Anatomy of Karelian Enthusiasm. Lecture event by Minna Henriksson

  • Photo by Helsinki City Museum. Helsinki University, Anatomy Department, dissection room, 1928. Helsinki, Siltavuorenpenger 20. Sundström Eric, Photographer. Image usage rights: CC BY 4.0
    1/1 | Photo by Helsinki City Museum. Helsinki University, Anatomy Department, dissection room, 1928. Helsinki, Siltavuorenpenger 20. Sundström Eric, Photographer. Image usage rights: CC BY 4.0
Photo
What: 
Лекция
Where: 
Athena, Siltavuorenpenger 3A, auditorium 107, Helsinki
When:
28.08.2018 - 17:00

ANATOMY OF KARELIAN ENTHUSIASM
Lecture event by Minna Henriksson

August 28, 17.00
Athena, Siltavuorenpenger 3, auditorium 107
 

Part of ‘The Russian Bar: Why Relocate? New approach to neighbourliness and interchange’ August-September events program

‘“Anatomy of Karelian Enthusiasm” is a lecture event by Minna Henriksson exploring Finnish relations toward Russia in different time periods focusing on Karelia. More specifically, it is about Finnish science, politics and spiritualism imposed on Karelia and its people.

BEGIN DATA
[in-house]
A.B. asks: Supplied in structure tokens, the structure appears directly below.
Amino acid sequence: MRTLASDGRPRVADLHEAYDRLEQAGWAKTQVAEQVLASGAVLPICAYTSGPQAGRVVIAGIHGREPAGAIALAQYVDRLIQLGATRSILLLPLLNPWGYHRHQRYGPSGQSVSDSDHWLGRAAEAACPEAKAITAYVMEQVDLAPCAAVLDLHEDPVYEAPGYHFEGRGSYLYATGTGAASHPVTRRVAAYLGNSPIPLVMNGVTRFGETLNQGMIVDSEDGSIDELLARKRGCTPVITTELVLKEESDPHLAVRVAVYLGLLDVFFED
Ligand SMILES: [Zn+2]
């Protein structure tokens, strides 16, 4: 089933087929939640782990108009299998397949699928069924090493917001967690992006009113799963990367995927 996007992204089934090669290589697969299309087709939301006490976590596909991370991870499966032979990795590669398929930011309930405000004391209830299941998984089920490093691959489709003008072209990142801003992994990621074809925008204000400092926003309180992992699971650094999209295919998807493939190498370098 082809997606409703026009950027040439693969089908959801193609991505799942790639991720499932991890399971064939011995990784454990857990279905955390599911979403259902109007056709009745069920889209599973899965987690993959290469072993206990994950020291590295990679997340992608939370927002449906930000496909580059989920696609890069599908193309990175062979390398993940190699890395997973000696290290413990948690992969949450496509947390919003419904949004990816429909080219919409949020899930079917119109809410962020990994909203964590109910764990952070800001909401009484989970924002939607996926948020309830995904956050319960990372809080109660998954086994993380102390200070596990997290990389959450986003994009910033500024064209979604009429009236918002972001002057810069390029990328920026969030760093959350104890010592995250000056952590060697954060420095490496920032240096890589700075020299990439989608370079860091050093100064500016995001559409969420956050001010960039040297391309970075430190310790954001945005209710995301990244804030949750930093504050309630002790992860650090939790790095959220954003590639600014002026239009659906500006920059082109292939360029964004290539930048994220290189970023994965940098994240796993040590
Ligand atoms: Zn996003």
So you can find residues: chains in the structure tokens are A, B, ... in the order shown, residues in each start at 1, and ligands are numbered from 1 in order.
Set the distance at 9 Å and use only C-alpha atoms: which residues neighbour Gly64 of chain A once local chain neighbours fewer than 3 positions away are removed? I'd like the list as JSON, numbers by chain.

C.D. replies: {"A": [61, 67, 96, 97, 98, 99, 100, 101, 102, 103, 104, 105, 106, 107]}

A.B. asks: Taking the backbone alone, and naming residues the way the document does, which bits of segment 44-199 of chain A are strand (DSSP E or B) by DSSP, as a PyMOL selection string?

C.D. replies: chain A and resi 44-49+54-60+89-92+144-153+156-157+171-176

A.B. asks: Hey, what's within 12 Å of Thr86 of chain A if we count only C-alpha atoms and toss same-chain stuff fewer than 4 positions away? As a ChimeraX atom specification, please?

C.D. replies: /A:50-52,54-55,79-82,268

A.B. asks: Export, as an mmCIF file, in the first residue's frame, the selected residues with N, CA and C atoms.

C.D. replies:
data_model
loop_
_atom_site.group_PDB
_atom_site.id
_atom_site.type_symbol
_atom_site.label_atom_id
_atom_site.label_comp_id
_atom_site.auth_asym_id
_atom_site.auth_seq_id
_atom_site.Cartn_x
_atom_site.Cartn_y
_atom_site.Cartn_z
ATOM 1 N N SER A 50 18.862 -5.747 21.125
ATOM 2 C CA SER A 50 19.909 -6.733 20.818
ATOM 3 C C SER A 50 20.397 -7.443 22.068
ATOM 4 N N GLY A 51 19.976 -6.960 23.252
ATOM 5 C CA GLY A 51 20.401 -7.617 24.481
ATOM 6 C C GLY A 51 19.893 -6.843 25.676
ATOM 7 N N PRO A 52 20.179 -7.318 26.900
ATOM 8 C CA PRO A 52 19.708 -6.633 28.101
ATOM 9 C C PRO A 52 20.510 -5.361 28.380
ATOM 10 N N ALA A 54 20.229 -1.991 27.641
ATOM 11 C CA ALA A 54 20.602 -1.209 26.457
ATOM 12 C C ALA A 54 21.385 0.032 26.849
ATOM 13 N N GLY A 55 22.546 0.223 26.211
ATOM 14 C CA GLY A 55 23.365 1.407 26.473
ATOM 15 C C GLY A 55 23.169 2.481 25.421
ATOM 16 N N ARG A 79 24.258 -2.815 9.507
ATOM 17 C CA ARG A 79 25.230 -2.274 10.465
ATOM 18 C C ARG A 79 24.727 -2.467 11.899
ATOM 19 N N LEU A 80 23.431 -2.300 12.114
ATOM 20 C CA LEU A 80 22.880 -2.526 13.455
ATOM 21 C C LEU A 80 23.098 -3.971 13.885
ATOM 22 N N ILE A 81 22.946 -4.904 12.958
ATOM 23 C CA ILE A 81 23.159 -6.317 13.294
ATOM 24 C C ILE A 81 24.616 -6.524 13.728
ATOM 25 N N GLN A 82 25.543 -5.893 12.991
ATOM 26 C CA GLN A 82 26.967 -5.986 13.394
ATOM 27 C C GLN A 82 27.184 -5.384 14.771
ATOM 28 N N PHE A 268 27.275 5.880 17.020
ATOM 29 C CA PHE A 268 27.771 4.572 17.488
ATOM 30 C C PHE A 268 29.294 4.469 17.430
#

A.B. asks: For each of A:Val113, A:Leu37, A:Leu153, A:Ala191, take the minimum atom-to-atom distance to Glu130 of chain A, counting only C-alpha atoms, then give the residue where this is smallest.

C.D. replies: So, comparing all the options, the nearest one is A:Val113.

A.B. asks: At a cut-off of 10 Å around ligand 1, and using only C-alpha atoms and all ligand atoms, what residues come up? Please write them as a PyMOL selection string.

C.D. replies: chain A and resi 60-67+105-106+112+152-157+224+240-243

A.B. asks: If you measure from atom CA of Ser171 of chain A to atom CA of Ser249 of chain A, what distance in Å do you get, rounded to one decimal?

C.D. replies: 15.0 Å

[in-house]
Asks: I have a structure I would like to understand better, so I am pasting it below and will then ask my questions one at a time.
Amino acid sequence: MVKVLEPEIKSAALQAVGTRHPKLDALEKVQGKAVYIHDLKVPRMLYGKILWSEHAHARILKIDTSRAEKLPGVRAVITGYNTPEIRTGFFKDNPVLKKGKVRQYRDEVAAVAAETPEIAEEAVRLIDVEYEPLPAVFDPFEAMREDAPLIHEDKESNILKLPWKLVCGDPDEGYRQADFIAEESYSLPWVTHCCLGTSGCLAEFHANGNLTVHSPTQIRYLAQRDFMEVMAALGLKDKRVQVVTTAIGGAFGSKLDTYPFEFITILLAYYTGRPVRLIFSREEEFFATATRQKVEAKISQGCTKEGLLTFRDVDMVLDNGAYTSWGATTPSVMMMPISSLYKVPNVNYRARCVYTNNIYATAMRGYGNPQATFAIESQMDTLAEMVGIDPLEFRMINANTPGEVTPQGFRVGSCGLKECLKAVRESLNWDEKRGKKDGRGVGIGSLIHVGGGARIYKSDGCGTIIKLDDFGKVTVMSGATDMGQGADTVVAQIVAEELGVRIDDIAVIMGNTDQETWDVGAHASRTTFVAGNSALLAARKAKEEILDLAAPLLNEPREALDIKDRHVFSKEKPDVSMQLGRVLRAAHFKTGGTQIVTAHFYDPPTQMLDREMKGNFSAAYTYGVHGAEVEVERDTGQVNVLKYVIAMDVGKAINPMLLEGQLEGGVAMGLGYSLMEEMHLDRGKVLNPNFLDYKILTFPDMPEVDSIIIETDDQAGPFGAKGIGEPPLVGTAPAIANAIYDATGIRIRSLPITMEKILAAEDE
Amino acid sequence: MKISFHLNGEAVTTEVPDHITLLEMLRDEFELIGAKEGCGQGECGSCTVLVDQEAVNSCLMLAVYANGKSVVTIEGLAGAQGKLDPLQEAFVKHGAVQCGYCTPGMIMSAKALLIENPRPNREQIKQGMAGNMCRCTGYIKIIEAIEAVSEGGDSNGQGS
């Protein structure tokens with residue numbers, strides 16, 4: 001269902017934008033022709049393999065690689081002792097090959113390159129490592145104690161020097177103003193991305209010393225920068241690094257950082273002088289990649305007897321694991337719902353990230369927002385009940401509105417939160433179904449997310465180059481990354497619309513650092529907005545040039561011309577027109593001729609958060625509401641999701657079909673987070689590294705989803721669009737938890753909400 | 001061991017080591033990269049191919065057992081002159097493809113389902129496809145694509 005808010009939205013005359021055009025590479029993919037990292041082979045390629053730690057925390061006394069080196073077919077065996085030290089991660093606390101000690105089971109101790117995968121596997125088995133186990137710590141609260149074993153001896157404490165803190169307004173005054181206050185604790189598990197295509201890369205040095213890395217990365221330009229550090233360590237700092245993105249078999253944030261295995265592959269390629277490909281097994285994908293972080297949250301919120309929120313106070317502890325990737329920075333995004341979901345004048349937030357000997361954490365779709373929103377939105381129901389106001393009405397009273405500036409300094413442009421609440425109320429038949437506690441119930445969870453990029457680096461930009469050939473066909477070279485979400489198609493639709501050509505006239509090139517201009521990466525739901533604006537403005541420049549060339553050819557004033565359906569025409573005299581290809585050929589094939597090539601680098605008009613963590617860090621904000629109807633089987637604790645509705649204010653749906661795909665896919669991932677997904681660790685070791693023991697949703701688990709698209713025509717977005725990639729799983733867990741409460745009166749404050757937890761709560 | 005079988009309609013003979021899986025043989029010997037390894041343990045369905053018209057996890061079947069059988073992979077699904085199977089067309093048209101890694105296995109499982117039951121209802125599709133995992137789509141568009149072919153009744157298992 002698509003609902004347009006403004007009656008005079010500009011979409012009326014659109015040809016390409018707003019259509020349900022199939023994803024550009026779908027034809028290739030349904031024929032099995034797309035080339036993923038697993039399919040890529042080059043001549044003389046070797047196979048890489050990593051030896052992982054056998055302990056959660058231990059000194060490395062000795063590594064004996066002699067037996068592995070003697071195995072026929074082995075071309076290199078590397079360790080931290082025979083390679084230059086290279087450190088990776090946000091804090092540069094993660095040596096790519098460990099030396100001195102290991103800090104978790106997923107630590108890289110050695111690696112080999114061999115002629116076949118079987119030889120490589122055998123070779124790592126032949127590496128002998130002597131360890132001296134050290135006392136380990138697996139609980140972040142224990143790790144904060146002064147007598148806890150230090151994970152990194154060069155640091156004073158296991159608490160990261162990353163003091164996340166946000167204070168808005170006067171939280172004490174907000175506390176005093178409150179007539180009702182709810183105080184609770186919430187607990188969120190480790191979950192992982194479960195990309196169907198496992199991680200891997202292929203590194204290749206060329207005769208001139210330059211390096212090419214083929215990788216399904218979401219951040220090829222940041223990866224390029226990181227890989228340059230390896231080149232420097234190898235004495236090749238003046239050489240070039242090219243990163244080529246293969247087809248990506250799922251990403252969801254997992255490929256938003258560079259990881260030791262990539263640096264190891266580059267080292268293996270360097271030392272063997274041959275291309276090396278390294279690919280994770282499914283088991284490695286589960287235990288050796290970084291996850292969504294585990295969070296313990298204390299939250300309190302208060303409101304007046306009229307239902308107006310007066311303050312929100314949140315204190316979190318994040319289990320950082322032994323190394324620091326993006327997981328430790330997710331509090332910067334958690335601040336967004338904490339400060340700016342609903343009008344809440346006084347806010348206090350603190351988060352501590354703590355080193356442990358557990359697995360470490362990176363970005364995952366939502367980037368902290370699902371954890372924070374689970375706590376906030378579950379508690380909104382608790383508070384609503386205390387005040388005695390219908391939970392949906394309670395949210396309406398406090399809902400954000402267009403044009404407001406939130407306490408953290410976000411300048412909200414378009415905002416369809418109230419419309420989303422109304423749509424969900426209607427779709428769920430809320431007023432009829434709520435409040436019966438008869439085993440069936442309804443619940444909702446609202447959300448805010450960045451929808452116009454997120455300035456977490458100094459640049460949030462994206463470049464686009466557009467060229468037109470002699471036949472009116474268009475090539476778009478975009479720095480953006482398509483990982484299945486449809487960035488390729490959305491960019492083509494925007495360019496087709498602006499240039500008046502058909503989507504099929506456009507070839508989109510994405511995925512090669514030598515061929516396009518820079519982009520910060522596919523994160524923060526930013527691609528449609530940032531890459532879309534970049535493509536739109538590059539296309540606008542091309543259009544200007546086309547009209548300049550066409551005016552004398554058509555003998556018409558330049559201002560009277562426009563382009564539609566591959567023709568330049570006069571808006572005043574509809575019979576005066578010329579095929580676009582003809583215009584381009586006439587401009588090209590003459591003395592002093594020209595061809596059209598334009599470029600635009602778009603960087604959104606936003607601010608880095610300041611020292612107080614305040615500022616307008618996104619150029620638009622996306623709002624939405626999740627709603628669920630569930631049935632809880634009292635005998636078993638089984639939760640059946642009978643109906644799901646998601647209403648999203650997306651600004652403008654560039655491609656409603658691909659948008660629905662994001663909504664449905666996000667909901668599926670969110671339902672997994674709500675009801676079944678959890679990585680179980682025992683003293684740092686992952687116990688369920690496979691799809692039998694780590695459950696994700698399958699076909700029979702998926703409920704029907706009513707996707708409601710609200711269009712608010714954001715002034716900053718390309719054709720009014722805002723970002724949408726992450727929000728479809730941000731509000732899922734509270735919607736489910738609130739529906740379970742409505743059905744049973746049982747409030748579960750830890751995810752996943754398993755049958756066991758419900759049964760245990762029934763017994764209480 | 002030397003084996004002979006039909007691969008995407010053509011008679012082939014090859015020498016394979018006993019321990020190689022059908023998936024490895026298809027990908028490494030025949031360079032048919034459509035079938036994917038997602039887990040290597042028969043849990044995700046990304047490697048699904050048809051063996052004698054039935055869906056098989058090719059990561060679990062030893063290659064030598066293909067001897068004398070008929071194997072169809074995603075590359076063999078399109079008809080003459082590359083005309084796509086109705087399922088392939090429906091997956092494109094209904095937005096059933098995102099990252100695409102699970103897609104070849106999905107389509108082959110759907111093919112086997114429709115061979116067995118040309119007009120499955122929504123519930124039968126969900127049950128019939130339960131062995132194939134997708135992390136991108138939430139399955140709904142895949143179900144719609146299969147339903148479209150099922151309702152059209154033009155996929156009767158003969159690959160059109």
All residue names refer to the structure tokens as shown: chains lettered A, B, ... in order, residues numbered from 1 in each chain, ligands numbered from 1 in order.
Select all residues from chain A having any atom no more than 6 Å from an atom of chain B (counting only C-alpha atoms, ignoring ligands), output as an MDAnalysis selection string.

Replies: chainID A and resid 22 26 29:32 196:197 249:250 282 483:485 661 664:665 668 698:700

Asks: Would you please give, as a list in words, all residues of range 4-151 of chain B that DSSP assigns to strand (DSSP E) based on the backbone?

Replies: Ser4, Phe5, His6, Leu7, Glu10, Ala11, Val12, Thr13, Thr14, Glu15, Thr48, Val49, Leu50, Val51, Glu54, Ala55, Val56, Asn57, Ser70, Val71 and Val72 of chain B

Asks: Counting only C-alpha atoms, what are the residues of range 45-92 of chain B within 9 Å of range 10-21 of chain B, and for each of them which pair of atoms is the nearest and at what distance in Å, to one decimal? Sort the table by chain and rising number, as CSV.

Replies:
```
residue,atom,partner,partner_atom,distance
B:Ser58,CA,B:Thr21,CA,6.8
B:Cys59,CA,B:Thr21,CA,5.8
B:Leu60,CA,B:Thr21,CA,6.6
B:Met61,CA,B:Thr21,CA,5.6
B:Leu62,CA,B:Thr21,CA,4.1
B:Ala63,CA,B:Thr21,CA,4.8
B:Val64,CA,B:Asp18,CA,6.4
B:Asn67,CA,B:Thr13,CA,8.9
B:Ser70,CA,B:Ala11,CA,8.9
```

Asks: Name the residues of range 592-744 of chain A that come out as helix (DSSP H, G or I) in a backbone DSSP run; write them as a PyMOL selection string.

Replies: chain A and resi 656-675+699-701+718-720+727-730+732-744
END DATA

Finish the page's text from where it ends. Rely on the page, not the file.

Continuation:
In 1943, when Germans conquered space in Russia south of the Gulf of Finland, anatomy professor Niilo Pesonen was to lead the medical proceedings of moving of 63 000 Ingrians to Finland. Part of this transfer of people was to racially identify the Finns from the Slavs. After the peace treaty many Ingrians returned to Soviet Union. In 1990 president Mauno Koivisto initiated return of Ingrians to Finland as Finnish citizens. After this 25 000 people came to Finland.

In 2011 the Finnish government decided to end the special status of Ingrians in Finnish citizenship policy, and since 2016 it has not been possible for Ingrians to apply for Finnish citizenship under this special program. Currently Finland’s defense minister Jussi Niinistö and cultural minister Sampo Terho, both historians and members of the far right party, write extensively about ‘Finnish tribes’ - Finnish-related peoples in Russia.

The event will take place in the former Anatomy theater where anatomical experiments were conducted by professor Niilo Pesonen and his students during the WWII. Using the building that carries memory of controversial events as a venue for her lecture Minna Henrikkson bridges historical and contemporary discourses of ‘race’ in Finland and argues about its similarities.